The Rise of Shame and Embarrassment Starting about age 2, children develop the ability to feel embarrassment. Eliminating into a diaper, as they are used to doing, is a very private matter. In contrast, using the potty is not only novel, but much more public. Feelings of shame are particularly common in regards to bowel movements, with high proportions of late trained children these days resorting to hiding when they need to go or withholding bowel movements to the point of serious constipation.
Development of Vivid Imaginations The ability to imagine things in their minds also increases dramatically after age 2, a new skill that, unfortunately, enables children to imagine scary things as well as positive things. That’s why we typically see an increase in common childhood fears among 2-, 3-, and 4-yearolds— including toilet-related fears. Children who are afraid of things like the “toilet monster” or the flushing sound are, understandably, harder to persuade.
Emotional Consequences of Late-Training Late potty training can also result in long-term negative feelings. Intense power struggles, for example, can color how parents view their child in the future, thereby endangering the parent-child relationship. In addition, children who stay in diapers too long can develop feelings of shame and low self-esteem as a result of negative messages from desperate parents and mocking peers (e.g., “only babies wear diapers,” not “big kids”). They are also much more likely than younger children to be embarrassed by accidents.

Something I have noticed personally is business. Toddlers are more easily absorbed in what they are doing because they have a longer attention span than a baby. That means that if they are focused on watching TV or playing, they won’t want to stop what they are doing or realize that they really need to go and tend to have an accident.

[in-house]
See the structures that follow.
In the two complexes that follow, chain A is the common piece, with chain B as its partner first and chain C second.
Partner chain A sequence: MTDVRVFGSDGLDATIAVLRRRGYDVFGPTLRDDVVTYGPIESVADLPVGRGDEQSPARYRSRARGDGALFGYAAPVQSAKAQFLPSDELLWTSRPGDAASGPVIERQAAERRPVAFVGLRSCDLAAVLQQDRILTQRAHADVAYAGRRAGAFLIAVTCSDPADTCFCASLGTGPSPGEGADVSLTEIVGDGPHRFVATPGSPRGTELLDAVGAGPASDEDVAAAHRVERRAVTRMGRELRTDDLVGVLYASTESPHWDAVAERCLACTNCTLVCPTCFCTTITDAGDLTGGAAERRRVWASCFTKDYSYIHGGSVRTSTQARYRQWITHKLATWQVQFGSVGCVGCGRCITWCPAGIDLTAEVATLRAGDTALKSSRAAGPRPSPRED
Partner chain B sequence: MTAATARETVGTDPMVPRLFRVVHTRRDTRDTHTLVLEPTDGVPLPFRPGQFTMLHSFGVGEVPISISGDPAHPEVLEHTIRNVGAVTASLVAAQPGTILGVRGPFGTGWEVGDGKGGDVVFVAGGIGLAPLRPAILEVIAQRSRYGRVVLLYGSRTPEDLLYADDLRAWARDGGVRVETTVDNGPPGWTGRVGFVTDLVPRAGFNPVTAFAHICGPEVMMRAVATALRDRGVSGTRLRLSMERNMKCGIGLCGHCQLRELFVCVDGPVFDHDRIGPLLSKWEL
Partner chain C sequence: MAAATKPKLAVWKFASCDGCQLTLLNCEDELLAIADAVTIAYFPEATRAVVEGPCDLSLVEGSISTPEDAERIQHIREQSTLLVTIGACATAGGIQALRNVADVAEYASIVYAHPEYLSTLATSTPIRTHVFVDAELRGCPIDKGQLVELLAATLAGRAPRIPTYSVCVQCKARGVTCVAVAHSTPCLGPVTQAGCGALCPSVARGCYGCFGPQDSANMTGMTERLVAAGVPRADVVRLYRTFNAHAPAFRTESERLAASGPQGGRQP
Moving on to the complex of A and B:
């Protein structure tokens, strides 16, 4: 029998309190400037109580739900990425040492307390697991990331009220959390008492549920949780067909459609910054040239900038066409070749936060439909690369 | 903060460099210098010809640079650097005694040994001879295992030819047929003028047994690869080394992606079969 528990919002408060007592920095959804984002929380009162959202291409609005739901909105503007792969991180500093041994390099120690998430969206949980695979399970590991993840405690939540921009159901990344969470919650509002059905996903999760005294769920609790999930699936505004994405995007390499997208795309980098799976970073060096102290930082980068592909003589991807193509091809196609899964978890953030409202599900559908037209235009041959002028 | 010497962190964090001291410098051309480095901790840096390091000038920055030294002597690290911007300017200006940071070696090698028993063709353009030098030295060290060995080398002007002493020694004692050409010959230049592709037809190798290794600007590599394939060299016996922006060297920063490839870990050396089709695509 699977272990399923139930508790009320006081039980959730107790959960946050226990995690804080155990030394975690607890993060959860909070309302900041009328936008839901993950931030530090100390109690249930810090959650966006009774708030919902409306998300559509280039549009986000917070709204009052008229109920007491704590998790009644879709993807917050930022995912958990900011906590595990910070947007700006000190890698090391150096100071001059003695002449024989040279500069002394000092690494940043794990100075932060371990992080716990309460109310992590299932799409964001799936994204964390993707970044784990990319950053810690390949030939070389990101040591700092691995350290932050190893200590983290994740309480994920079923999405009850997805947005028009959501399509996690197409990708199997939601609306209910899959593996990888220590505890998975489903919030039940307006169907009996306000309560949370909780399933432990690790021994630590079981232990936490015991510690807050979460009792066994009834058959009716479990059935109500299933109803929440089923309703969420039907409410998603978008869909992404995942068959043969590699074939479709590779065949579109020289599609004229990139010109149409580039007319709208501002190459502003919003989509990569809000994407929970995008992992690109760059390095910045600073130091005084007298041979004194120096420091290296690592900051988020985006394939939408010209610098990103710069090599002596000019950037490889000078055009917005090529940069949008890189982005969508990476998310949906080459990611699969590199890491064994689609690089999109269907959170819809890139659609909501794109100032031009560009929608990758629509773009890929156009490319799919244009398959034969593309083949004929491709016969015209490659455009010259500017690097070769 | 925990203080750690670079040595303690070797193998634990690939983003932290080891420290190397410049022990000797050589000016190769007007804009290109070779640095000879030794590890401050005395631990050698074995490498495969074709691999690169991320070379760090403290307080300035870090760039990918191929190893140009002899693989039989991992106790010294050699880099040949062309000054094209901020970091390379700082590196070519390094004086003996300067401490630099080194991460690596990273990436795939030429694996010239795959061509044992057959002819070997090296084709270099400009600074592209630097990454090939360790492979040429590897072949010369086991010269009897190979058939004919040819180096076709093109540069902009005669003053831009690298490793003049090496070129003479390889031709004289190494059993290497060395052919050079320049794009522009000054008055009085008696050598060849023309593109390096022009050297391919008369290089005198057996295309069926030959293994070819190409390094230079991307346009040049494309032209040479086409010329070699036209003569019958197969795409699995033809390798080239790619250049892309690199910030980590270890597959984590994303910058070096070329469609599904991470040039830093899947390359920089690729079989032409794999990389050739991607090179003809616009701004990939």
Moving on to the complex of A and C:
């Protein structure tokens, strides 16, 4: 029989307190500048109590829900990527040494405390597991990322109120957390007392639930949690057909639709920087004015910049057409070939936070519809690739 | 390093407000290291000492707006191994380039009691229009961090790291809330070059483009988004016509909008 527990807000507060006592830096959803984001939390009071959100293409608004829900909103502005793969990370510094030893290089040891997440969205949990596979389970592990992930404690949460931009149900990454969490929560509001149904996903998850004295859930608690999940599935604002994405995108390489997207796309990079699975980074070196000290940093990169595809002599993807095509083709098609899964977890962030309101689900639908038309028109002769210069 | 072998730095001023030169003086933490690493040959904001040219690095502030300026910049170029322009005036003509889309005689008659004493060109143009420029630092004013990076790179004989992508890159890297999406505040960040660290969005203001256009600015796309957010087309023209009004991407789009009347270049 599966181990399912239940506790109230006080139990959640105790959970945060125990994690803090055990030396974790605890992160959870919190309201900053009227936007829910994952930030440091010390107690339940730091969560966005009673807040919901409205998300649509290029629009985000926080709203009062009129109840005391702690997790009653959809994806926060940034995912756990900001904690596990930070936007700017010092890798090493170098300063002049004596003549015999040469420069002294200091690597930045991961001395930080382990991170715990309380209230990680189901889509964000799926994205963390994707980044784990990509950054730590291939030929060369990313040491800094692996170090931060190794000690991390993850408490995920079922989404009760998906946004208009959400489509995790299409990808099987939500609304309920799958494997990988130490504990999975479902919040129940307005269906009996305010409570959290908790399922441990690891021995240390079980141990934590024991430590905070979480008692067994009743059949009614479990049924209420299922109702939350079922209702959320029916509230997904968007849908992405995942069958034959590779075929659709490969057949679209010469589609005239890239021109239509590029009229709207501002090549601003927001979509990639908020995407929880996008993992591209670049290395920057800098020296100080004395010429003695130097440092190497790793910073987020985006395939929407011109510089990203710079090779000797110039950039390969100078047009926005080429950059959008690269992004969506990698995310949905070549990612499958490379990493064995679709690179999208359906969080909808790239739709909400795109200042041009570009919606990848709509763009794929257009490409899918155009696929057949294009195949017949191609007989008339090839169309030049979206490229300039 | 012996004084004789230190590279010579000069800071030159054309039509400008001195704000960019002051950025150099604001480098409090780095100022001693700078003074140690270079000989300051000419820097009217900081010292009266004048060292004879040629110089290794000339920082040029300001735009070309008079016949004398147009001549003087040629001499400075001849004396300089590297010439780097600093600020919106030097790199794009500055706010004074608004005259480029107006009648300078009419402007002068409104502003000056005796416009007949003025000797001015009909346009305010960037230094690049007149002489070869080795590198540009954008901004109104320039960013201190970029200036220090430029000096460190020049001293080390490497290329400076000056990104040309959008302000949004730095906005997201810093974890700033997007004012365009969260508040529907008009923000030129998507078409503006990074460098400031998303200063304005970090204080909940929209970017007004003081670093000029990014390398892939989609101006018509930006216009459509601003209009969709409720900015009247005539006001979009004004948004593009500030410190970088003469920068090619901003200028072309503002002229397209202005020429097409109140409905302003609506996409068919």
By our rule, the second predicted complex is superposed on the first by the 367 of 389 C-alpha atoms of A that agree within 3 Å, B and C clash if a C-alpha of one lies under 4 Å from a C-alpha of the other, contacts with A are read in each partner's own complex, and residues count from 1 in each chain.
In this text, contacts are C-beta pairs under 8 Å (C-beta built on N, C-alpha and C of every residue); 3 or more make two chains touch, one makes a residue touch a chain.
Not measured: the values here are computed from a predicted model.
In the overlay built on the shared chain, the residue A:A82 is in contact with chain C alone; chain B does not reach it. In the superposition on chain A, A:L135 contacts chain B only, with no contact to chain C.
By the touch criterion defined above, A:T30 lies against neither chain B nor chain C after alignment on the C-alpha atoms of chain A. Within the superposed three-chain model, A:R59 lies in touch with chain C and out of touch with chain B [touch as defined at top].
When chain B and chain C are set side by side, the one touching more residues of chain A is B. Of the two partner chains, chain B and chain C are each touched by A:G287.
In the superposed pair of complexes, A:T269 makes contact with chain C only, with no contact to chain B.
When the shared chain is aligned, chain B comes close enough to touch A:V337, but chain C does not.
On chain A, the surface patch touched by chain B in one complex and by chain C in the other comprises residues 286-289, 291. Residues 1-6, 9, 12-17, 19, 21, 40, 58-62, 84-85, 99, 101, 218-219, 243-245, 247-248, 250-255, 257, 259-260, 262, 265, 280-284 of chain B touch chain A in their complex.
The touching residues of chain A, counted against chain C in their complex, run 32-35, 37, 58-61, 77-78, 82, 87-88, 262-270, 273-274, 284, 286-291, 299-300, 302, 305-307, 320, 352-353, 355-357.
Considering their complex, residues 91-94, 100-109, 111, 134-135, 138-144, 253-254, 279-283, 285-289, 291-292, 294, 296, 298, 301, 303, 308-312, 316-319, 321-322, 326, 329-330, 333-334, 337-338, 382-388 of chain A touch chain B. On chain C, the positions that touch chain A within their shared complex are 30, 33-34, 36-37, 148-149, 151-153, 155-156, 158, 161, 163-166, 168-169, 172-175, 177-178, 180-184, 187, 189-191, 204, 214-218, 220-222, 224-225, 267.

So I am angry. I am angry that I was fooled by the popular opinions held by parents and doctors today. I am angry that I have to clean poop off everything in my house because I waited to train my daughter. I will not make this mistake with my son.

Now I understand there are people who had success with training at a later age. My sister trained my niece in a week because she waited until she was 3. I believe parents who say early training can’t be done are parents who never tried. Maybe they were duped too. My daughter walked at 9 months. If I had trained her then and it took even six months for her to be fully trained, she would have been diaper free at 15 months and would have saved me over 1800 dollars in diaper costs and lots of heartache.

If my mom could do it as well as all the other moms for hundreds of years, why can’t I? I guess we will have to wait and see.

Until then, I will keep my rubber gloves handy. Yuck.


Kathie said...

I'd ask your mom (and others that trained kiddos before they were two) if the child could actually go by themselves. Cause it's my hunch that the reason they had such success prior to 2 years old is because they were training the kiddo to TELL them when they needed to go. I'm guessing the kids still couldn't go on their own, completely.

Or the parents were being trained to notice the signs of an impending accident and rush the kid to the potty. Cause if I'd trained my oldest (who is 4 now) at 2, no WAY he would have been ready. I would have been training myself to take him to the potty every hour. And that isn't any better imo, than diapers.